US Congressional IT staffer reaches plea deal that debunks conspiracy theories about illegal information access


JULY 3, 2018

WASHINGTON, D.C. – Federal prosecutors concluded an 18-month investigation into a former congressional technology staffer on Tuesday by publicly debunking allegations — promoted by conservative media and President Trump — suggesting he was a Pakistani operative who stole government secrets with cover from House Democrats.

As part of an agreement with prosecutors, Imran Awan is set to plead guilty to a relatively minor offense unrelated to his work on Capitol Hill: making a false statement on a bank loan application. U.S. prosecutors said they would not recommend jail time.

But the agreement includes an unusual passage that described the scope of the investigation and cleared Awan of a litany of conspiracy theories promulgated on Internet blogs, picked up by right-leaning news sites, and fanned by President Trump on Twitter.

“The Government has uncovered no evidence that your client violated federal law with respect to the House computer systems,” including stealing equipment or illegally accessing or transferring information, prosecutors wrote in the plea agreement dated and signed Tuesday.

Plea deals are not final until a judge accepts them and hearing on the plea is ongoing in federal court in Washington.

Federal prosecutors described in the agreement a “thorough investigation” that included forensic analysis of computer equipment and other devices, log-on and usage data and interviews with about 40 witnesses.

Awan and four of his associates, including family members, worked as IT specialists for dozens of Democratic lawmakers until they were banned from the computer network in February 2017 for allegedly violating House security rules. The ensuing investigation attracted aggressive coverage by conservative media outlets — led by The Daily Caller — and prompted calls from Trump to prosecute Awan, whom the president referred to in one tweet as the “Pakistani mystery man.”

The case has highlighted Trump’s willingness to lobby for specific outcomes of federal criminal investigations and to suggest a cover-up by his own Department of Justice. Trump also attempted to tie Awan to the hacking of the Democratic National Committee server — a breach that intelligence agencies have concluded was directed by Russia.

“Our Justice Department must not let Awan & Debbie Wasserman Schultz off the hook,” he tweeted last month, after a court filing indicated prosecutors were in plea negotiations. “The Democrat I.T. scandal is a key to much of the corruption we see today. They want to make a ‘plea deal’ to hide what is on their Server. Where is Server? Really bad!”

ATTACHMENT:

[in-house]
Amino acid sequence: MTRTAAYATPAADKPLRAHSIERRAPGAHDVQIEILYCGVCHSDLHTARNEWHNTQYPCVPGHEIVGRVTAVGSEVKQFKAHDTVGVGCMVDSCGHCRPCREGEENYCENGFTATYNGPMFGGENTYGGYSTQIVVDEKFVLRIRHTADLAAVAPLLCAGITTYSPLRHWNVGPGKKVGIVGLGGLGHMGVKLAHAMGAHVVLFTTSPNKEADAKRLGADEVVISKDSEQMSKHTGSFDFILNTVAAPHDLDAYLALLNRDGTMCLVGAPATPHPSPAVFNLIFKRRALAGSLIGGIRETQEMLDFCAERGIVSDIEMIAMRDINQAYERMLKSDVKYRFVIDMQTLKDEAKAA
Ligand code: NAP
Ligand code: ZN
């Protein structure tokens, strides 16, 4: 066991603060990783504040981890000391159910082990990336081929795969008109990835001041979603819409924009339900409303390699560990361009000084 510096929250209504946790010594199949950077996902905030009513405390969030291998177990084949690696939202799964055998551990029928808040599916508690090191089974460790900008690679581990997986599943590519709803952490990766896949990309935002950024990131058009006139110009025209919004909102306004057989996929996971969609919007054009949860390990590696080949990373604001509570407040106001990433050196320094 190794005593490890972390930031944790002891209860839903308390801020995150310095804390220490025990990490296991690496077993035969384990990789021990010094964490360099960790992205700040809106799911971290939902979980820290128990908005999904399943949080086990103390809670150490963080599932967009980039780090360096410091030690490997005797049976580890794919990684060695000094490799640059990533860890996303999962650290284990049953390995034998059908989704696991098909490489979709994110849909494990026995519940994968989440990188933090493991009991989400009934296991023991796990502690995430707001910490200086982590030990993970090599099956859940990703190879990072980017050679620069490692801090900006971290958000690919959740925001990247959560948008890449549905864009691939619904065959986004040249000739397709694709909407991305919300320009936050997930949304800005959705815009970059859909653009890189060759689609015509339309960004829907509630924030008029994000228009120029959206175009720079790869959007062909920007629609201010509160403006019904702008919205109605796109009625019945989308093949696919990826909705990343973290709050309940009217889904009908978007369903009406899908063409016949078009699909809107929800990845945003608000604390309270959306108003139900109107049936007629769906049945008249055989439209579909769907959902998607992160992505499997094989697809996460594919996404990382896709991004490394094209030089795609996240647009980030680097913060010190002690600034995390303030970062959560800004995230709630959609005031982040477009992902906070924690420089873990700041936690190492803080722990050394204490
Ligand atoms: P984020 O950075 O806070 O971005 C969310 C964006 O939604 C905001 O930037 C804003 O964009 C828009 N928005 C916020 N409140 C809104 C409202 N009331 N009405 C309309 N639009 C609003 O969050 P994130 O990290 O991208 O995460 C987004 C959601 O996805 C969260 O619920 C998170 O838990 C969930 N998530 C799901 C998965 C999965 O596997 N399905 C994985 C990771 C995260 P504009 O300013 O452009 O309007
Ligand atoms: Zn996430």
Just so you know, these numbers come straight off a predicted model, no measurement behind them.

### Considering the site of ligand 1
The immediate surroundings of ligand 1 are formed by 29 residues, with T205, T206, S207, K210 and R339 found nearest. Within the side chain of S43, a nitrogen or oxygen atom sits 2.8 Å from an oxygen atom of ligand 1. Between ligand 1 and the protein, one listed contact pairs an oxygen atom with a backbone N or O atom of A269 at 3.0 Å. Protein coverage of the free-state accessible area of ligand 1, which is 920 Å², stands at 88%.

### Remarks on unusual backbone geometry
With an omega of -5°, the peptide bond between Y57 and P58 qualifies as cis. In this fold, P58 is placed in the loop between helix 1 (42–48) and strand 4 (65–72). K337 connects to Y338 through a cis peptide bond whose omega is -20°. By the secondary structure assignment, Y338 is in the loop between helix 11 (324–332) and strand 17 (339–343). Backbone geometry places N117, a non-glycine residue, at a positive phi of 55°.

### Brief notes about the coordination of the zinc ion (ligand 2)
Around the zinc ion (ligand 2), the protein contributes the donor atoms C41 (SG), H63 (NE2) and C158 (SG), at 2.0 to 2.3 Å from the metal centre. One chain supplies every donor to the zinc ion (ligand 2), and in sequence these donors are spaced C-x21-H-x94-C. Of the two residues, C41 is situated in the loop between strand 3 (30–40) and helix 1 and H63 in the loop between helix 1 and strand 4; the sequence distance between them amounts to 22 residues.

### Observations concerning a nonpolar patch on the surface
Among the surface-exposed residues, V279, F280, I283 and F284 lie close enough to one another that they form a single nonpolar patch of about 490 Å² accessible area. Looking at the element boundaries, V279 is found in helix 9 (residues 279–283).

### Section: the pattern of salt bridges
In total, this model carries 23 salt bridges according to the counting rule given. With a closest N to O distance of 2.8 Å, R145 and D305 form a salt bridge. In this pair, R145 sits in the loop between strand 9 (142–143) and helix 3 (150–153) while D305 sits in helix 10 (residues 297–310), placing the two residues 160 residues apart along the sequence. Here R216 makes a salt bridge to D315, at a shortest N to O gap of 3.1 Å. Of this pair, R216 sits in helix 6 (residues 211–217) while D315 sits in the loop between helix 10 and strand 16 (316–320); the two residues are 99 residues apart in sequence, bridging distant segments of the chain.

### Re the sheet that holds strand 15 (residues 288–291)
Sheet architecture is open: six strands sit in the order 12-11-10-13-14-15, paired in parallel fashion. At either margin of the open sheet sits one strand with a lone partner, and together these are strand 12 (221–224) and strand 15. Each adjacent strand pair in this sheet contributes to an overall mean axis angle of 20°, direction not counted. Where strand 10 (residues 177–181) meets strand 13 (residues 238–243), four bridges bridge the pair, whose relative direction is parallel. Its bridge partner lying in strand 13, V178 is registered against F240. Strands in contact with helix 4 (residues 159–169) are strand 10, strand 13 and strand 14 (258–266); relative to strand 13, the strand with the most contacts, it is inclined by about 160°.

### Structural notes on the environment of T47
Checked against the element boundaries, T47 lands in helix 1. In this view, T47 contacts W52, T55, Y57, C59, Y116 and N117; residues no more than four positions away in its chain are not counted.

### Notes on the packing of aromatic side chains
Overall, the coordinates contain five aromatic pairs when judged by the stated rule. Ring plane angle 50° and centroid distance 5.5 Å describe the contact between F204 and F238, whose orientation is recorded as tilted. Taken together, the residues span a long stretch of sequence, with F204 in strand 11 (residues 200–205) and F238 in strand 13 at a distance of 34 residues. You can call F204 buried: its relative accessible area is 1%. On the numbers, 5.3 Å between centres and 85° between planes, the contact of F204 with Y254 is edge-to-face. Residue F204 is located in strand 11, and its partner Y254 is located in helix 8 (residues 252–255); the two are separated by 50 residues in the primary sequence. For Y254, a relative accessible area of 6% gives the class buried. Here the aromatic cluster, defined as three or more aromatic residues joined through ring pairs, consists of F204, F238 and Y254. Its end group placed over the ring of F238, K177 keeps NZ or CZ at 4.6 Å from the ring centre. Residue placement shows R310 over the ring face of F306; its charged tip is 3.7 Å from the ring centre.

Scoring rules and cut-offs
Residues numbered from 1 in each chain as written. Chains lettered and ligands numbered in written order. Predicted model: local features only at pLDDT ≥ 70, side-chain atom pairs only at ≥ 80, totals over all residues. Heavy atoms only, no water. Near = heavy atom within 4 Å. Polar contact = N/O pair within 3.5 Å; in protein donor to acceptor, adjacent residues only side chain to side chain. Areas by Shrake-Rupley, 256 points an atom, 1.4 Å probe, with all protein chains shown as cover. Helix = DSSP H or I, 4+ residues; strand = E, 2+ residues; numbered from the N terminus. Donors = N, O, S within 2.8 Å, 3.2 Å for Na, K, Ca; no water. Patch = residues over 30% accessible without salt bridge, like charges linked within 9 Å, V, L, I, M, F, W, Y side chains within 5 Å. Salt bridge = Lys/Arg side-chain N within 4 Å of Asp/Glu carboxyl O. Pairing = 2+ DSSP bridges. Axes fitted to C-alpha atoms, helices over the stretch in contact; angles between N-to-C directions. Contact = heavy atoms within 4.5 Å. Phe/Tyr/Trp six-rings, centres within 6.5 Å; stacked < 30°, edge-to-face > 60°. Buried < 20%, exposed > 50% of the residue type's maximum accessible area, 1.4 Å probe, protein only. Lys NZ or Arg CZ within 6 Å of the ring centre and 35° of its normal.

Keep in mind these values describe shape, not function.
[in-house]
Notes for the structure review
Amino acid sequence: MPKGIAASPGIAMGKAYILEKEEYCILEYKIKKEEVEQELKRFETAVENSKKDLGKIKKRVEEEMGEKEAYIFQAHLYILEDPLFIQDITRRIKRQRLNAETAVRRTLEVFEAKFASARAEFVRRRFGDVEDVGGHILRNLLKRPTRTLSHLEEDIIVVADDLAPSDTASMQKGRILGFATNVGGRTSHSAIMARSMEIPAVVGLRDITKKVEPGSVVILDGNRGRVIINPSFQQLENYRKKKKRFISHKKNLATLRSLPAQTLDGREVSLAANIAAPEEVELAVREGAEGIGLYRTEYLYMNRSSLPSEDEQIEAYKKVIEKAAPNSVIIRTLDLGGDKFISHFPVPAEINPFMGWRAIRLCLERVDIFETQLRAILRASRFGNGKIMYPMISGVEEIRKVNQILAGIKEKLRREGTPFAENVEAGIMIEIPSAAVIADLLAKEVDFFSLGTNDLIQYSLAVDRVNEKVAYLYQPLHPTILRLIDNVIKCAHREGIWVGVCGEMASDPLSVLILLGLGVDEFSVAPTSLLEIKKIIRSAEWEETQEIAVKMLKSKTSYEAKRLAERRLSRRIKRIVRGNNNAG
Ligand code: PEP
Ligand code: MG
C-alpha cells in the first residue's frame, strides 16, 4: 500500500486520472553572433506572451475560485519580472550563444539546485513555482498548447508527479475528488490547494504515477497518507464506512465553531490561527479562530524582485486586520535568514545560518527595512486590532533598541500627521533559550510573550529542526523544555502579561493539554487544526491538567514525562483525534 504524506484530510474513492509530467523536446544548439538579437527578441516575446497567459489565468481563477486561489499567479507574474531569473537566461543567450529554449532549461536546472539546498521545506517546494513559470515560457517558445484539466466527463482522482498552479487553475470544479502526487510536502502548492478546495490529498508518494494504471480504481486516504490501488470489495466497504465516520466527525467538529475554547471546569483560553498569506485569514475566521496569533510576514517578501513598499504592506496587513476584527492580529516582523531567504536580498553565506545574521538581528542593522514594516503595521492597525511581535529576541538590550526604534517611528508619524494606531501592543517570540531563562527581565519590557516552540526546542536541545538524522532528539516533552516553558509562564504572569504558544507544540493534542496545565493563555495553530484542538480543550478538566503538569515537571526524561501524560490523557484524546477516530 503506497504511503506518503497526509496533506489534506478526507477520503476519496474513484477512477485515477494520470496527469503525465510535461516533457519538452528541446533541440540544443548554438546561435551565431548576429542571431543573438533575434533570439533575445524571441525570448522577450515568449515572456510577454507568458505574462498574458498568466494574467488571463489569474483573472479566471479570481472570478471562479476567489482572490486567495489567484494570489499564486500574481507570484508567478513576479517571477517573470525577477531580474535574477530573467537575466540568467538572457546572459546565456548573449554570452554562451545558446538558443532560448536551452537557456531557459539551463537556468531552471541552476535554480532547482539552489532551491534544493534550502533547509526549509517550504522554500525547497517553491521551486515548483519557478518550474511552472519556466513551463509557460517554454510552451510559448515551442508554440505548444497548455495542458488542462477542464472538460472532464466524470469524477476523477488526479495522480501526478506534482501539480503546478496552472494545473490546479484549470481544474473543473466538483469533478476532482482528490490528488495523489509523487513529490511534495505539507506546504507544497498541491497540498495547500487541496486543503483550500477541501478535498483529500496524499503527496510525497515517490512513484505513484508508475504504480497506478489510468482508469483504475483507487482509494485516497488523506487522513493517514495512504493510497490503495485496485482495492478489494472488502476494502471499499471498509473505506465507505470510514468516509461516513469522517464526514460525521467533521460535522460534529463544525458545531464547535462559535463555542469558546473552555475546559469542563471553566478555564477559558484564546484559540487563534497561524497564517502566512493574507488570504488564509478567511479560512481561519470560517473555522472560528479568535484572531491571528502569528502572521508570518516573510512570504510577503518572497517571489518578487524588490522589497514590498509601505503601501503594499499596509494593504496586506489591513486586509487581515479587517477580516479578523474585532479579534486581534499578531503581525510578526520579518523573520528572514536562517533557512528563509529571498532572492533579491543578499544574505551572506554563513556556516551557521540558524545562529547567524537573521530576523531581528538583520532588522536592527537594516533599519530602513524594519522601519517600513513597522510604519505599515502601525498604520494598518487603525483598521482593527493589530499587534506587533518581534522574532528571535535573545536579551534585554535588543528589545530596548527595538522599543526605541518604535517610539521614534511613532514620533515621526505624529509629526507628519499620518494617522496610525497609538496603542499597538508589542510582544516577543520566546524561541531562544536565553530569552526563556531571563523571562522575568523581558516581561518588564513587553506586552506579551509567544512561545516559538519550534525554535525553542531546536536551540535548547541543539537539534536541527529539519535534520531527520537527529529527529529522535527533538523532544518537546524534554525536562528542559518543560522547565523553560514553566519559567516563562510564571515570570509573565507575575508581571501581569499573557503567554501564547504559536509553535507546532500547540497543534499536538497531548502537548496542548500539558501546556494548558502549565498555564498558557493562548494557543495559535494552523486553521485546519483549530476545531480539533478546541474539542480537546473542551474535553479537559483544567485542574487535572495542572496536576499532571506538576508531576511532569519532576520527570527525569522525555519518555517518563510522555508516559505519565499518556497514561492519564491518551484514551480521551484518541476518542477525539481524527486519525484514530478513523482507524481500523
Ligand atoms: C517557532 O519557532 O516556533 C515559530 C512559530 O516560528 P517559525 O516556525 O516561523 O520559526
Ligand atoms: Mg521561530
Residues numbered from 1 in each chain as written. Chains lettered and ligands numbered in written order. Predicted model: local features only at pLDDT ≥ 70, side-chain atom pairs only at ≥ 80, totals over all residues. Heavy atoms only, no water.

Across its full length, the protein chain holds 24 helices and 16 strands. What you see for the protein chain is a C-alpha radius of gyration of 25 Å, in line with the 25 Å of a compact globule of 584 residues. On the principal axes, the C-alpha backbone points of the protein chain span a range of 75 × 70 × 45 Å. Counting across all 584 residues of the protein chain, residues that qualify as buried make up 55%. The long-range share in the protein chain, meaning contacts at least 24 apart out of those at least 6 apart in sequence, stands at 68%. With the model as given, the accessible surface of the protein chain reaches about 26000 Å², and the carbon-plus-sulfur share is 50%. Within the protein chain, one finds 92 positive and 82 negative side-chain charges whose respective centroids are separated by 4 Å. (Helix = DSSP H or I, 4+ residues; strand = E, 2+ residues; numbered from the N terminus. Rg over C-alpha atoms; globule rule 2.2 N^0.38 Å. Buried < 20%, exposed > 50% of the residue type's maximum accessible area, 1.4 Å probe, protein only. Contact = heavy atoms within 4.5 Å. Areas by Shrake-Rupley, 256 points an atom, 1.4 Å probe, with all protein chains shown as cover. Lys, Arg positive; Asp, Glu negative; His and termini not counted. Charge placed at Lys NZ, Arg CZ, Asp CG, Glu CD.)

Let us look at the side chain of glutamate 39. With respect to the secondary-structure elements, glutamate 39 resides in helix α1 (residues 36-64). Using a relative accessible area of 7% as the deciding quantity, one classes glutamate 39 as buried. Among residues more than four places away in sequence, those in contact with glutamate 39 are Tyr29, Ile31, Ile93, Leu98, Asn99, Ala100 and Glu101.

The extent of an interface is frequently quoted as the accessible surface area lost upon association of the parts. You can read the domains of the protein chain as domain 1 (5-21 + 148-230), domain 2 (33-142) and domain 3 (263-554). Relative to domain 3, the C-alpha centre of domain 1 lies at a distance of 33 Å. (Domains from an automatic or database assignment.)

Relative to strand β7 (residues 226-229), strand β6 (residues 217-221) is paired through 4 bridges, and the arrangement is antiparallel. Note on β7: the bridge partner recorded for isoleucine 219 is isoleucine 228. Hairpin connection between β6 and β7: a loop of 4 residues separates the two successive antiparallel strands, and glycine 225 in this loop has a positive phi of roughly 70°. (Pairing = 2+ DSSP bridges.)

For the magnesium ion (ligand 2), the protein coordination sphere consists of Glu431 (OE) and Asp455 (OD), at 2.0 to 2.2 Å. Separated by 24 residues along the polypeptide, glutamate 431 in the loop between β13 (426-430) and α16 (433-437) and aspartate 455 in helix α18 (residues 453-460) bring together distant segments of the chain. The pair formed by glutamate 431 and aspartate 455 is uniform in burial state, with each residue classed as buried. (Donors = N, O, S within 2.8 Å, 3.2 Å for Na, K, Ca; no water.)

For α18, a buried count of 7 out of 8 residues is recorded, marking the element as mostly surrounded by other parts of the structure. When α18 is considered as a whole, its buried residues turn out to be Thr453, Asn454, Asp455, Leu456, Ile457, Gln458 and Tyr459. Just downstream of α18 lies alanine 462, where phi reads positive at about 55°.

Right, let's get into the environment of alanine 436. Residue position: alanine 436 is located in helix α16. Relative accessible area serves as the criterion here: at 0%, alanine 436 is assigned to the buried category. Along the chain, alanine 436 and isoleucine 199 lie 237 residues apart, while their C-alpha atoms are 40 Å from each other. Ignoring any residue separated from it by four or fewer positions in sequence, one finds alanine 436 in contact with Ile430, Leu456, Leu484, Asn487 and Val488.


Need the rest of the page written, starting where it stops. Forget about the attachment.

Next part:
Prosecutors with the U.S. Attorney’s Office of the District of Columbia did not mention Trump or any media publications by name in the agreement signed before Awan was scheduled to pleaded guilty Tuesday morning before U.S. District Judge Tanya S. Chutkan.

But the agreement included an exhaustive list of “public allegations” that prosecutors investigated and shot down.

“Particularly, the Government has found no evidence that your client illegally removed House data from the House network or from House Members’ offices, stole the House Democratic Caucus Server, stole or destroyed House information technology equipment, or improperly accessed or transferred government information, including classified or sensitive information.”

The office that conducted the investigation is led by Trump-nominated U.S. Attorney Jessie K. Liu.

As part of the deal, prosecutors agreedto drop a bank fraud charge against Awan’s wife Hina Alvi. Awan agreed to plead guilty to a felony related to an application for a home equity line of credit. He told a bank that the home was his wife’s primary residence; it was a rental property. The loan was fully re-paid.

Awan’s attorney called the case a “political prosecution” and a “tremendous waste of law enforcement time and resources.”

“The amount of misinformation publicized by right-wing media, all the way up to the President, has created a false story,” lawyer Christopher Gowen said in an interview.

Awan and his associates were each assigned to work for individual lawmakers, but they shared job duties and login information for multiple servers, a practice that is prohibited under House rules. Gowen said that and other security concerns that led to the loss of Awan’s access to the House network illustrated a culture of “disorganization” in Congress rather than espionage.

In his first public statements since the investigation began, Awan told The Post in an interview prior to Tuesday’s hearing that he questions whether the case would have been pursued if he did not have a Pakistani name. He said he came to the United States as a teenager, put himself through college, became a U.S. citizen, and built a career on Capitol Hill — what he portrayed as the fulfillment of a dream.

“This has cost me my reputation, my livelihood, my family,” he said. “I can’t believe this.”

He added, “The President used me to advance his political agenda.”

Courtesy/Source: Washington Post